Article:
You see I had a system. I wrote the critiques and left them for my wife to review and then mail. Why? Because she was concerned—and rightly so—that I might be too harsh or blunt in my comments. When it comes to writing I’ve lost much of my sensativity in the same way I suppose some doctors can become insensitive to the emotional impact of their treatment. I focus on the problem more than the person. I’ve learned not to let comments about my writing harm me emotionally, but this is a skill most aspiring writers don’t have yet. Robin checking to see if I was being an ass seemed like a good idea. Problem was that she became very busy with more important matters and never got around to the Five Pages Project. I didn’t know this until a few of you resubmitted stories I’d already thought I’d done.

So here’s the deal. I’m just going to mail these out ‘as is’ and will continue to do so. This means they’ll be ‘blunt’. Try not to hate me.

You all should keep this in mind: I am not trying to help you be better writers. I’m not trying to teach you to write. I can’t do that. No one can. Only you can teach yourself how to write to the best of your ability. What I will do is explain how I think you should write, which is exactly what any instructor will do. Most teachers base their comments on the foundation of an education they received (which may or may not be of any practical value) but which they believe in because it was what they were taught.

I wasn’t taught anything. Everything I know about creative writing I discovered for myself. As a result, I have a very specific, and admittedly, narrow view of what constitutes good writing. Many works that society admires I don’t care for. I recognize that this is based on my opinion and personal taste, and you should too, because that is what you will receive if you submit your work for my review. In other words, if I trash your wonderful story, remember it’s just the opinion of one guy. And if I’m harsh, or sound uncaring, also remember, I wouldn’t be taking the time to do this if I wasn’t trying to help. Still, it is up to you to decide what advice is worth listening to, and this is another skill you’ll need to develop if you’re to become a successful author, because you’ll be getting a lot of it.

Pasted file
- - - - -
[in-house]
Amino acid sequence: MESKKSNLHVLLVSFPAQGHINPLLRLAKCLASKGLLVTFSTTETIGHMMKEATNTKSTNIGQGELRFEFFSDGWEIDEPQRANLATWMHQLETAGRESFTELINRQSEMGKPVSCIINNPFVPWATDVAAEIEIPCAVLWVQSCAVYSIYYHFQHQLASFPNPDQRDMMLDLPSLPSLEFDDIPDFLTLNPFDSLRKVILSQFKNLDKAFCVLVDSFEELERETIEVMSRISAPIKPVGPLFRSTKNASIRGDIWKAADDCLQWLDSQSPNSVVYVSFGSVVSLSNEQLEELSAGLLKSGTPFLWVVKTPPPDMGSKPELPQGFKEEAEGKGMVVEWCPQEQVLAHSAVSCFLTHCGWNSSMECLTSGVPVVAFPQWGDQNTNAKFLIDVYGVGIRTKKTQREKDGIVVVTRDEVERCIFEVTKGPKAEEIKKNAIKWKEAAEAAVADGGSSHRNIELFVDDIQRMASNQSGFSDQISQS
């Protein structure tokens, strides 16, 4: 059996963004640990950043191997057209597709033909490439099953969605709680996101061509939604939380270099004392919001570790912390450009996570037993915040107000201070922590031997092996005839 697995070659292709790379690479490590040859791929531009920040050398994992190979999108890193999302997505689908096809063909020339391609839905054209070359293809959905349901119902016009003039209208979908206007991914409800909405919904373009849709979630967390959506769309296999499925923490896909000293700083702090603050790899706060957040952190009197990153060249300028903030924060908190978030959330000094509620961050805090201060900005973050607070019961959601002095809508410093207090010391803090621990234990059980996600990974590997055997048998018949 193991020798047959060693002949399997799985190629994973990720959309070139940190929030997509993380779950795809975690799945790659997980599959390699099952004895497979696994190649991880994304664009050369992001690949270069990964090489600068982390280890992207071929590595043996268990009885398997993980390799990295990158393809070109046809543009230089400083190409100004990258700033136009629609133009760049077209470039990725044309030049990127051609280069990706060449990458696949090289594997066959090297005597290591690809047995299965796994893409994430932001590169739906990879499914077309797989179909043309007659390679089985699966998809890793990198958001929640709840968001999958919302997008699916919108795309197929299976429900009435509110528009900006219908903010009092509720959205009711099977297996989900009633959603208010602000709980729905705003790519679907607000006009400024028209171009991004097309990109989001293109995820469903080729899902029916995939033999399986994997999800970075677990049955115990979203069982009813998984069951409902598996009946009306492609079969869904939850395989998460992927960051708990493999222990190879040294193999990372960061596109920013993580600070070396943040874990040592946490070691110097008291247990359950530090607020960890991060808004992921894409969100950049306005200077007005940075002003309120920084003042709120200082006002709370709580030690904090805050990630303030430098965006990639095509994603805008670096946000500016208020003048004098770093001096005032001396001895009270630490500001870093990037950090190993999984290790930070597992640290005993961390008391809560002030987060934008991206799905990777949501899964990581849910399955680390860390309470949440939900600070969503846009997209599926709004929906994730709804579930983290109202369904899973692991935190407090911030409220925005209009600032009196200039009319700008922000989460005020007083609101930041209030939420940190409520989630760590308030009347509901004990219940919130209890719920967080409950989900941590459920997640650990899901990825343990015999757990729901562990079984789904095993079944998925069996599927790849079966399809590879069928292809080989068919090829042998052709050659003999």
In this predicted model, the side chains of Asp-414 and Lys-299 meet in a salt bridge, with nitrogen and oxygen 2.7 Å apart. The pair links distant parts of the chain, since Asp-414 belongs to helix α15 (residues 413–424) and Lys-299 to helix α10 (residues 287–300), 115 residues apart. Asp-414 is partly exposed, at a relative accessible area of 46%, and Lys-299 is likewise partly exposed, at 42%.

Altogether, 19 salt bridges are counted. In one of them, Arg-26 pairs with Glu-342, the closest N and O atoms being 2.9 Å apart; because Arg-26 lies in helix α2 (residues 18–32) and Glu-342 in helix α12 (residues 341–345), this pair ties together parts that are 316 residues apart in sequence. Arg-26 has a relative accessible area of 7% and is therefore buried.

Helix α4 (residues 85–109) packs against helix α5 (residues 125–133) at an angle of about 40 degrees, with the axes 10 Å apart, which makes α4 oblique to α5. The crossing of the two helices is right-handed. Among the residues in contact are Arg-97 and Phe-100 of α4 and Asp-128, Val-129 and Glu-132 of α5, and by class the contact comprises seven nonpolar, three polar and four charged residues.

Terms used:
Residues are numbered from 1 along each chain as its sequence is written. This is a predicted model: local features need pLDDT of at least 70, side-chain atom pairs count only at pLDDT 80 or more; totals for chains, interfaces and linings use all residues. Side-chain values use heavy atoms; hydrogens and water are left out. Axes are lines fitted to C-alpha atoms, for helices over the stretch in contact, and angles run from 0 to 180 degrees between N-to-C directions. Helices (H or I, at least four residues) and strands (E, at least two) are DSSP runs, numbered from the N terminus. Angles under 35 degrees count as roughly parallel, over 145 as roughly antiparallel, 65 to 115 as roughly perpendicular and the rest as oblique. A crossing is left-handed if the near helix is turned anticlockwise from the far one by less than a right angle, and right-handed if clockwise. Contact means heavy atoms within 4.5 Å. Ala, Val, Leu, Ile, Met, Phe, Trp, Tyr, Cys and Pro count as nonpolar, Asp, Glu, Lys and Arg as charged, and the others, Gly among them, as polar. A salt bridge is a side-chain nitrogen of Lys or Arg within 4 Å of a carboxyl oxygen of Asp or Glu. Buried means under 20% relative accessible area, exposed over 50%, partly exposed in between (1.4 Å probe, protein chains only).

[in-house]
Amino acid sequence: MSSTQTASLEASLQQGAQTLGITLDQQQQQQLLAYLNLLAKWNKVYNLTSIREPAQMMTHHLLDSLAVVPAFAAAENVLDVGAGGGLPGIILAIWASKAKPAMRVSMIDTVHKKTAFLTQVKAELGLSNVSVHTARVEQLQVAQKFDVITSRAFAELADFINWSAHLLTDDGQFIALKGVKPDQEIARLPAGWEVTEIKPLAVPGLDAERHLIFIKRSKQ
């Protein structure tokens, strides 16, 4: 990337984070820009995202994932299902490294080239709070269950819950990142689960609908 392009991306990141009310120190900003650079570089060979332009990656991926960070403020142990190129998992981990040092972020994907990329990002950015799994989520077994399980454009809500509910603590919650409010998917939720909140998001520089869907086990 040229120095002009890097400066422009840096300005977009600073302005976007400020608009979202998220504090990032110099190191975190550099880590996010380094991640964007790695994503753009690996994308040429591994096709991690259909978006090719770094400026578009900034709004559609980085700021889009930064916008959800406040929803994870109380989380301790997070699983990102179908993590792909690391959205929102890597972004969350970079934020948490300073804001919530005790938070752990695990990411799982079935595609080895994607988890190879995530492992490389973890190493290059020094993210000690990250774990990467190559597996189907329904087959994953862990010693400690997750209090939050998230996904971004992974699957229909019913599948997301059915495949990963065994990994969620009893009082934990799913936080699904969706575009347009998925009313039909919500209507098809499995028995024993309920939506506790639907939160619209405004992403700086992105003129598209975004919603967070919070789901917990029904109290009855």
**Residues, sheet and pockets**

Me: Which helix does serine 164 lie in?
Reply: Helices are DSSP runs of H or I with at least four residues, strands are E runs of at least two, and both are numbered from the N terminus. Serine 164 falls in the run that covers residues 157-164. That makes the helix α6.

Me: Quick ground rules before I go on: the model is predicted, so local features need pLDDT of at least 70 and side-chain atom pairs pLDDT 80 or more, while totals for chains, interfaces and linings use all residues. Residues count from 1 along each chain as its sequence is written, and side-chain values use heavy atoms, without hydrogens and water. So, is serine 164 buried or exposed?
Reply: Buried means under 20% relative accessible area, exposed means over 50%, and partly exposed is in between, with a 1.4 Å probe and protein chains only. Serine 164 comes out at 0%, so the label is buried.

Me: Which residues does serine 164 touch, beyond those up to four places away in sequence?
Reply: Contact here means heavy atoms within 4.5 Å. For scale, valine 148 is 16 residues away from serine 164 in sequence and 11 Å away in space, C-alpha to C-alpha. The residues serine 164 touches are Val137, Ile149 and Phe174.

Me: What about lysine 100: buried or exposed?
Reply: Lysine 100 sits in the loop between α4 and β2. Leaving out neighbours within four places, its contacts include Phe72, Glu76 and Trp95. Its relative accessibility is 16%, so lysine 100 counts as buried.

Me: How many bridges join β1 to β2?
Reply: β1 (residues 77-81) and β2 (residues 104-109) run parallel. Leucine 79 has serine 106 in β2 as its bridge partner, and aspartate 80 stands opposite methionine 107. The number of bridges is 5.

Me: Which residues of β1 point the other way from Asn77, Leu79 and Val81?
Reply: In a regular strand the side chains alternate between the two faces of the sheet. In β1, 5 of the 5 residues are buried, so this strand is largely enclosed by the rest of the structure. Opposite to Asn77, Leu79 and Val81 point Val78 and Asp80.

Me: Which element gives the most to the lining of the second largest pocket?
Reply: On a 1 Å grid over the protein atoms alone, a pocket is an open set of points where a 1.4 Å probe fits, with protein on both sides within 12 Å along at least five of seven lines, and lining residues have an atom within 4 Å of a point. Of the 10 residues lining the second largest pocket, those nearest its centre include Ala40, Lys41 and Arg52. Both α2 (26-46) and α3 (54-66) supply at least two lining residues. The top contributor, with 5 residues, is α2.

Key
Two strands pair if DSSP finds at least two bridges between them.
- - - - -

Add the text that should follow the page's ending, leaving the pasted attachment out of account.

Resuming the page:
Also, since I started doing this I can see that I’m actually averaging one critique a week (not ten a month.) And by the way, if you send more than five pages, I’ll just be reviewing the first five.

As for what I’ve read so far…

A lot of the submissions are average—what I would expect from new writers. Almost all of you suffer from the same basic mistakes: excessive telling instead of showing, excessive exposition, explanation syndrome, trying to be too artsy, trying to demonstrate your vocabulary, wordiness, setting-the-stage syndrome, dull beginnings, action-packed but confusing beginnings, keeping too much from the reader, telling the reader everything…and so on.

The first five pages are hard, so are my critiques.

And again, sorry for the delays, many of you will be getting responses soon. If not, resubmit.

Monday, June 16, 2014

When no other word will do

“…because fuck cancer.”